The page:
Norway and Sweden come out on top while Chad and Central African Republic are at the bottom of the 2015 edition of the Social Progress Index. Released yesterday, the index scores 133 countries on a long list of indicators to determine the progress of countries over time and places where work is needed.
The index, unveiled by Harvard professor Michael Porter two years ago at the Skoll World Forum, places the United States at number sixteen in the world. It is a humbling ranking for a country where political leaders tout it as the greatest nation in human history. Areas including basic medical care, quality of electrical supply and obesity all fare worse than countries with similar economies.
If wealth was an indicator of well-being, that the US would be right up at the top. But that is not the case for the Social Progress Index.
Notably absent from the scorecard is Gross Domestic Product (GDP). Unlike the Human Development Index published annually by the United Nations, the social progress index ditches GDP in favor of things like maternal mortality rates, access to piped water, adult literacy and religious tolerance.
That is because GDP growth alone does not cause change on all social indicators.
“We see that two components barely improve with increased GDP – Health and Wellness and Ecosystem Sustainability,” said Michael Green, Executive Director of the Social Progress Imperative, the group behind the index, to Humanosphere. “There needs to be a separate focus.”
In total, 52 indicators make up the Social Progress Index. While it does not include GDP, the point is not to entirely dismiss it. Rather, it is to raise questions as to what economic growth can and cannot deliver and what should be done about it.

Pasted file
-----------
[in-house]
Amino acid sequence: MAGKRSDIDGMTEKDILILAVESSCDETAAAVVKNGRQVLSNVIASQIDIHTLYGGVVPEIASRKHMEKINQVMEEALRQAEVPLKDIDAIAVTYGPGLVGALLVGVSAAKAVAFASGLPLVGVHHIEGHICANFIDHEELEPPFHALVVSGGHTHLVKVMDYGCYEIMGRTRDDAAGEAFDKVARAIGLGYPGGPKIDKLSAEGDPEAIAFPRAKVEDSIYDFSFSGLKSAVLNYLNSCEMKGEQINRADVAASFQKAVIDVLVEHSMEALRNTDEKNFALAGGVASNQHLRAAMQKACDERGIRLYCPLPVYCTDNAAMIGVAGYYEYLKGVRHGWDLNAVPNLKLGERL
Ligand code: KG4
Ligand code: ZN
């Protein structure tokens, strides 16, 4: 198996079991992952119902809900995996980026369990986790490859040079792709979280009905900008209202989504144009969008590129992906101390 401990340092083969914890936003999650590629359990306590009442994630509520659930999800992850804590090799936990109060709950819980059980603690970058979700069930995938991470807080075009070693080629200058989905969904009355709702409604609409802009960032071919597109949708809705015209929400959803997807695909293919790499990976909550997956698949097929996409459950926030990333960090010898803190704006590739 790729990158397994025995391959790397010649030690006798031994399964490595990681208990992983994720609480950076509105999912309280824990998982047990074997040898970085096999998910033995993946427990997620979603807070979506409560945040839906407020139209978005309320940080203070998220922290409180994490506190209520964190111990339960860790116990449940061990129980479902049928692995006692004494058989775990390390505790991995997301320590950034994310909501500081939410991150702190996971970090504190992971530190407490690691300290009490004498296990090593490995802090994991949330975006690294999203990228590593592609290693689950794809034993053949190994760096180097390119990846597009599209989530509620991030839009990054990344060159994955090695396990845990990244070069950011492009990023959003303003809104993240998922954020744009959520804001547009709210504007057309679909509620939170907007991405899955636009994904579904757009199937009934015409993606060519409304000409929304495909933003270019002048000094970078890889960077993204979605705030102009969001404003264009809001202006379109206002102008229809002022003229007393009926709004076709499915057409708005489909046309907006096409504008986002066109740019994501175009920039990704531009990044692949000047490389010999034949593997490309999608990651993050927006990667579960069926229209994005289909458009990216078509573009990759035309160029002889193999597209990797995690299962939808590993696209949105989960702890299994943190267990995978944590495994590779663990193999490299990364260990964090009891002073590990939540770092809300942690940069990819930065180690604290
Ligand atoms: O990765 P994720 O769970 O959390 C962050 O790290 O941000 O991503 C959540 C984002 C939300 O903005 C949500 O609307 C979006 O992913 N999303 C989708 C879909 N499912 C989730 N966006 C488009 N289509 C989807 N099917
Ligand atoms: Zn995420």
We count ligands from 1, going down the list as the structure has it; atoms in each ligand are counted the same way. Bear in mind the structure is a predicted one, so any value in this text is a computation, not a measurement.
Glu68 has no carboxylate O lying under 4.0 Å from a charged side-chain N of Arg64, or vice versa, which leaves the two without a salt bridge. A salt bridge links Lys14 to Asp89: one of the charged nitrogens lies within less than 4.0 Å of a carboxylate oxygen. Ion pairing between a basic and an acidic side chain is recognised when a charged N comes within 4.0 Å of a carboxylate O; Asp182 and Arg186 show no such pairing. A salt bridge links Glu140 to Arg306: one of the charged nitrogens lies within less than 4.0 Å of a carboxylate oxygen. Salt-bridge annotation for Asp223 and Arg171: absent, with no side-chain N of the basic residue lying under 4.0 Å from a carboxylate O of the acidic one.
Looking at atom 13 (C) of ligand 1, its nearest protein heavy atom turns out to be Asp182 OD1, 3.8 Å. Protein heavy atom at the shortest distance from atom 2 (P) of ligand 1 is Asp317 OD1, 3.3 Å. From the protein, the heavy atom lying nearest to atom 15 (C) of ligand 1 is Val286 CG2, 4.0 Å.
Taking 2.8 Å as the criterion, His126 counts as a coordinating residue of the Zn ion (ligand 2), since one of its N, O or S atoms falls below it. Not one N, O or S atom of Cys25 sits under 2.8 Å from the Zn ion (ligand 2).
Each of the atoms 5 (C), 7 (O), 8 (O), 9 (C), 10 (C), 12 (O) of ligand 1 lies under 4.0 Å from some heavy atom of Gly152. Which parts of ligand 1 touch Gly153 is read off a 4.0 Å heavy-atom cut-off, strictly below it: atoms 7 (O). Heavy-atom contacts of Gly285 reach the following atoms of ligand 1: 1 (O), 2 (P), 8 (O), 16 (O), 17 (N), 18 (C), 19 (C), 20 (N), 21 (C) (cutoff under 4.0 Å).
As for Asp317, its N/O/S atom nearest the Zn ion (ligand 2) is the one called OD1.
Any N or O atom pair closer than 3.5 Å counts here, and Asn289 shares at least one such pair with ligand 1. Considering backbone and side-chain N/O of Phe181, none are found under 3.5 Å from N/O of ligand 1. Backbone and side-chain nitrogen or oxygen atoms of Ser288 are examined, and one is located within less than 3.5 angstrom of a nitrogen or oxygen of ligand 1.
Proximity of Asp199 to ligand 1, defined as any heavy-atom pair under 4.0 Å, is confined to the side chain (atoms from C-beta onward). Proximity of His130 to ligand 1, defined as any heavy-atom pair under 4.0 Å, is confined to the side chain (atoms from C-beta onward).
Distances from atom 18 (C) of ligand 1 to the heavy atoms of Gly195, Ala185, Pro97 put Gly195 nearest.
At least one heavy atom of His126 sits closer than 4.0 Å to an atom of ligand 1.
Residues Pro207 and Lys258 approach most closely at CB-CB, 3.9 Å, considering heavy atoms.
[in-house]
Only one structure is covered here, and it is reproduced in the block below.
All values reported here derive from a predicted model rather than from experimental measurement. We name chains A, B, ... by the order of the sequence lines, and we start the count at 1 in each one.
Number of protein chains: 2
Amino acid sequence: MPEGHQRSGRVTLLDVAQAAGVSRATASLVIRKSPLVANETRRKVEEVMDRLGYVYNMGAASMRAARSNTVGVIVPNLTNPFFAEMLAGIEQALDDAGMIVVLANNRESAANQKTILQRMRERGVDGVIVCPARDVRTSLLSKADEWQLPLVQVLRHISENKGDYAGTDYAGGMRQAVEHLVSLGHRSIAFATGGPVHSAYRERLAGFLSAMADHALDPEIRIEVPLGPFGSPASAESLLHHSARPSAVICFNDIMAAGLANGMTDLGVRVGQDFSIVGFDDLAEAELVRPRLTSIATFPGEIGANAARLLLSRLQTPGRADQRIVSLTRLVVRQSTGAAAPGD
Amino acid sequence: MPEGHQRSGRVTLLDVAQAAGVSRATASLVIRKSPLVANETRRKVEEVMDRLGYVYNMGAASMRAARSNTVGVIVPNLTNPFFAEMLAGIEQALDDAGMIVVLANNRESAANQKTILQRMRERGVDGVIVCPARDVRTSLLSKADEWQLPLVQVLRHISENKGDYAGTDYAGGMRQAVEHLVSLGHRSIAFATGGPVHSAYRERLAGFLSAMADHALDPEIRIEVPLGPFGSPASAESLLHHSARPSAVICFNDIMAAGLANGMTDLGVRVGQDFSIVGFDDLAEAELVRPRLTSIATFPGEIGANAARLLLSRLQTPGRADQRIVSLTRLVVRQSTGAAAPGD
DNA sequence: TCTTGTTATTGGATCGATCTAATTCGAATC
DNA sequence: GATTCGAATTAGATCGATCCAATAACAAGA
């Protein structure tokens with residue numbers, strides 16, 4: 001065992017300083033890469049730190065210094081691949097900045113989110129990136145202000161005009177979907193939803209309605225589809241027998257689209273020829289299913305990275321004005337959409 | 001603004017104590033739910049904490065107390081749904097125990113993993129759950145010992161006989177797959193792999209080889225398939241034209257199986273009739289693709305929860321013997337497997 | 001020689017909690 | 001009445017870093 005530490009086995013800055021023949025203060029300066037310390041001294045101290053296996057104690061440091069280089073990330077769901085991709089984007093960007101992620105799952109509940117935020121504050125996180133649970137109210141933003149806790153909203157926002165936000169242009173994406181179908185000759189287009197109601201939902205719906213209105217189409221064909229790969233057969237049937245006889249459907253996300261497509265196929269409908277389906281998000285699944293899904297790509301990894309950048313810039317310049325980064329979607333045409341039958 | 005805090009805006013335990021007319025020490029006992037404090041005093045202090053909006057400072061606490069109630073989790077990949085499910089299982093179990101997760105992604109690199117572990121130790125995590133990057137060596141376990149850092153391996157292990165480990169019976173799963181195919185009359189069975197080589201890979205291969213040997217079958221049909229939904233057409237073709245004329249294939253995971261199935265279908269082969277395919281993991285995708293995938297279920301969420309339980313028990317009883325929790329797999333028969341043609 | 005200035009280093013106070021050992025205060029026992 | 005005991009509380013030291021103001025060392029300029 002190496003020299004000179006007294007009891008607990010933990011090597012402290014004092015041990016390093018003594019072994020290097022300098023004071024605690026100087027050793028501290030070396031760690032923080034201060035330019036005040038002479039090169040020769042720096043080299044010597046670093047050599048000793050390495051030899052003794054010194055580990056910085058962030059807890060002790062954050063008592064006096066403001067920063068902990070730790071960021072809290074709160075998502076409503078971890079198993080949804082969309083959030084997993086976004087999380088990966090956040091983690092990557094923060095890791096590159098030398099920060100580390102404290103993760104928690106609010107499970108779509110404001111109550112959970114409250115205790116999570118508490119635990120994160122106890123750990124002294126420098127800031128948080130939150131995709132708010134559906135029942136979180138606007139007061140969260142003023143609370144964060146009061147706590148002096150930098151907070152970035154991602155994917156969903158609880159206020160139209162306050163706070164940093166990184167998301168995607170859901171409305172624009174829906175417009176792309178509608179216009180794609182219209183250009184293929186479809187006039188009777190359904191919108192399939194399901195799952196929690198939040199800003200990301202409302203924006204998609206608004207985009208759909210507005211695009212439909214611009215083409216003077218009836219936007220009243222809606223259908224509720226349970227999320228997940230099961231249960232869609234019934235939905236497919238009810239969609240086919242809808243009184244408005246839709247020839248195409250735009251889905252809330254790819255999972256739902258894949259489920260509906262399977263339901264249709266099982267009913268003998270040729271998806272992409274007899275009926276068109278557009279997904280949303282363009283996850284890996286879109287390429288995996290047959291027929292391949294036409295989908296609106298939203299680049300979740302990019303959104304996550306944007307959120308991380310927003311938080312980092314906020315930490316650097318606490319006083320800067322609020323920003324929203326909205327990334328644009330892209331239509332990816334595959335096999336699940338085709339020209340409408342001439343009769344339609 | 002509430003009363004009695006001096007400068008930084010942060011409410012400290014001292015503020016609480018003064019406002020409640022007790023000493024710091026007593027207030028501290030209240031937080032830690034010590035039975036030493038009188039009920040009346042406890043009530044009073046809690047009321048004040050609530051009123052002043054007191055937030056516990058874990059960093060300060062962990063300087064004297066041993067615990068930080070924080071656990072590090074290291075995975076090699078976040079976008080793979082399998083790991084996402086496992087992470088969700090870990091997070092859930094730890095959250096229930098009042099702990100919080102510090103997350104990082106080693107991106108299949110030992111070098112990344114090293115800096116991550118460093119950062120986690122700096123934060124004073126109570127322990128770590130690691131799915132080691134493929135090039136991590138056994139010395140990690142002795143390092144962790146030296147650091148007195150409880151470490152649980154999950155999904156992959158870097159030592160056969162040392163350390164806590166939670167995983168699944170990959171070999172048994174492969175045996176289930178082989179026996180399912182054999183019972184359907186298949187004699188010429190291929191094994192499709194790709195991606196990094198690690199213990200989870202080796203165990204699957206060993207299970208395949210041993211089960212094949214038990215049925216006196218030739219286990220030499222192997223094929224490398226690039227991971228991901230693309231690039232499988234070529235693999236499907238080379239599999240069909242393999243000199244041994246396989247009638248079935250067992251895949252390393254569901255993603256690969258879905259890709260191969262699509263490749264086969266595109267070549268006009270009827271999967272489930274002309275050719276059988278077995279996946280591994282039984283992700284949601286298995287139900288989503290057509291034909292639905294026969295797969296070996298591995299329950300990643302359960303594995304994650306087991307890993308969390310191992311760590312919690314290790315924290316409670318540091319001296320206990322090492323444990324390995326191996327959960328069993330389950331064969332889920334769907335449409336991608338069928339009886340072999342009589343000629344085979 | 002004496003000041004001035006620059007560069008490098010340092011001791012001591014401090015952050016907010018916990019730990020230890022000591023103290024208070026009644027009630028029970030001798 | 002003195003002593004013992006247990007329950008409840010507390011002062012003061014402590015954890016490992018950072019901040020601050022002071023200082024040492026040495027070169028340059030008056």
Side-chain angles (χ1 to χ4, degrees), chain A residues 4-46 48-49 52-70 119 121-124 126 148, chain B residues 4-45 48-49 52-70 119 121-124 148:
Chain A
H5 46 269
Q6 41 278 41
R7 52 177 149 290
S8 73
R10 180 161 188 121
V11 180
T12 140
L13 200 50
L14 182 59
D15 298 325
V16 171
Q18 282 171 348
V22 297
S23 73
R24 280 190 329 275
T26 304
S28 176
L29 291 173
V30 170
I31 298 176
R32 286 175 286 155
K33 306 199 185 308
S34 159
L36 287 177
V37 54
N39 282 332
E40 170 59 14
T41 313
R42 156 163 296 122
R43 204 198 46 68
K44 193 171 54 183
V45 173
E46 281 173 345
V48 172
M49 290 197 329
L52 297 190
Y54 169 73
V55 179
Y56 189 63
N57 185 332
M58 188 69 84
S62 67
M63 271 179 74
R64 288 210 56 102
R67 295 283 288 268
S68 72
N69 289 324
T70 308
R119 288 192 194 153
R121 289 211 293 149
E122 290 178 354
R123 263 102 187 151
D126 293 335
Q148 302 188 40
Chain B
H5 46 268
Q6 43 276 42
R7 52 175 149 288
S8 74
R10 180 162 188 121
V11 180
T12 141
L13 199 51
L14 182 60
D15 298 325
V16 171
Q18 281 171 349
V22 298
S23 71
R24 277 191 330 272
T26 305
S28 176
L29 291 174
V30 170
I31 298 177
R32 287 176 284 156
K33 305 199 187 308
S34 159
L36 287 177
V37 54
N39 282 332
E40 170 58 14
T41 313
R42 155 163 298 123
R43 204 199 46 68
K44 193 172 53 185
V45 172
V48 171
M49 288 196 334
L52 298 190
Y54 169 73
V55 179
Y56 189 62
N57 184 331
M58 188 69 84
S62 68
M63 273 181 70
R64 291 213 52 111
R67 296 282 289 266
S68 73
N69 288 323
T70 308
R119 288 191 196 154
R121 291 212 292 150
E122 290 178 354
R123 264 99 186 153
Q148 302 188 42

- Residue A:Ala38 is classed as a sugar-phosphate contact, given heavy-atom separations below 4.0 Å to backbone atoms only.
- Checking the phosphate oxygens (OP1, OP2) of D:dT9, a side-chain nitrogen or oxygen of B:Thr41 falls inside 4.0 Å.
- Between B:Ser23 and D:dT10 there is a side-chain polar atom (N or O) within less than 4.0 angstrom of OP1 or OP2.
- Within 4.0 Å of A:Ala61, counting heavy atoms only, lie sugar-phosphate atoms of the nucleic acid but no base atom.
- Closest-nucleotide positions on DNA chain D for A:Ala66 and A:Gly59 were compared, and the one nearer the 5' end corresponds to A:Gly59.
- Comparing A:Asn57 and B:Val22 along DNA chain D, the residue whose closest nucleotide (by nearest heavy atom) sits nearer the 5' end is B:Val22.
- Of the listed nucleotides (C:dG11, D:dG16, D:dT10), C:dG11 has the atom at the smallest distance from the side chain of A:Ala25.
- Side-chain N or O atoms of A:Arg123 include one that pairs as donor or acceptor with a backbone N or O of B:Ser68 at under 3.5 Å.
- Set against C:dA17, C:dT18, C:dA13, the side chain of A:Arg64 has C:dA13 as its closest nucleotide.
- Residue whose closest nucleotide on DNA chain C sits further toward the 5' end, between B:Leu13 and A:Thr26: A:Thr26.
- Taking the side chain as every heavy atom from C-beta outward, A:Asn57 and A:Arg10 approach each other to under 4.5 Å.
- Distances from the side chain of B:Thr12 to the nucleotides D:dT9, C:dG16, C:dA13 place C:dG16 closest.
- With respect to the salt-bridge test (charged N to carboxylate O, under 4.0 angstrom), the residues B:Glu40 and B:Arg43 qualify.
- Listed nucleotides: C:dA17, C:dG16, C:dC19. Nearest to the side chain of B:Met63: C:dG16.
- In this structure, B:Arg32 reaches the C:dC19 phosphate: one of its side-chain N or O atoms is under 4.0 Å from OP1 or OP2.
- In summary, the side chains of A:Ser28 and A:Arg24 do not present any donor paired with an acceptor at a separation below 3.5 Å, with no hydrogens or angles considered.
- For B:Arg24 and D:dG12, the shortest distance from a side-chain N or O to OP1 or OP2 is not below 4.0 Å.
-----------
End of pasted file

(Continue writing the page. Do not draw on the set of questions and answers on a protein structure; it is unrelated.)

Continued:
“If your national development plan is about economic growth, you only half the plan,” said Green. “We need to ask, “What has growth delivered for us so far and what hasn’t it delivered?””
And some are starting to agree. The European Commission says it will use the index to determine how to allocate some €63.4 billion throughout the European Union, reported the Guardian. The hope is to drill down and provide social progress data from the 272 regions that are located in the EU’s 28 countries.
But this is not new ground for Green and his team. They released their first sub-regional index in Brazil last August. Pará, one Brazilian state, already says it is going to use the data on its sub-regions to target and implement programs that will bring up failing areas. It is joined by an array of governments from near-by Paraguay to the U.S. state of Michigan. Even the World Bank says it is interested in the index, said Green.
At the heart of the index is exposing inequality. Larger national gains that can be masked by overall economic growth or single indicators can obscure problems experienced by people at the bottom.
The index also shows the over-performers. Green specifically called attention to Costa Rica, ranked 28th overall and ahead of Israel, Brazil and Italy.
“By identifying countries that are over-performing, we can ask why they are doing so well,” he said.
A few years into the index, there is hope that is able to track the small changes that happen over time. Even the Scandanavian countries at the top have some work to do.
“Absolute scores are significant,” said Green. “We want countries to have more social progress. Every country has the challenge to get to 100.”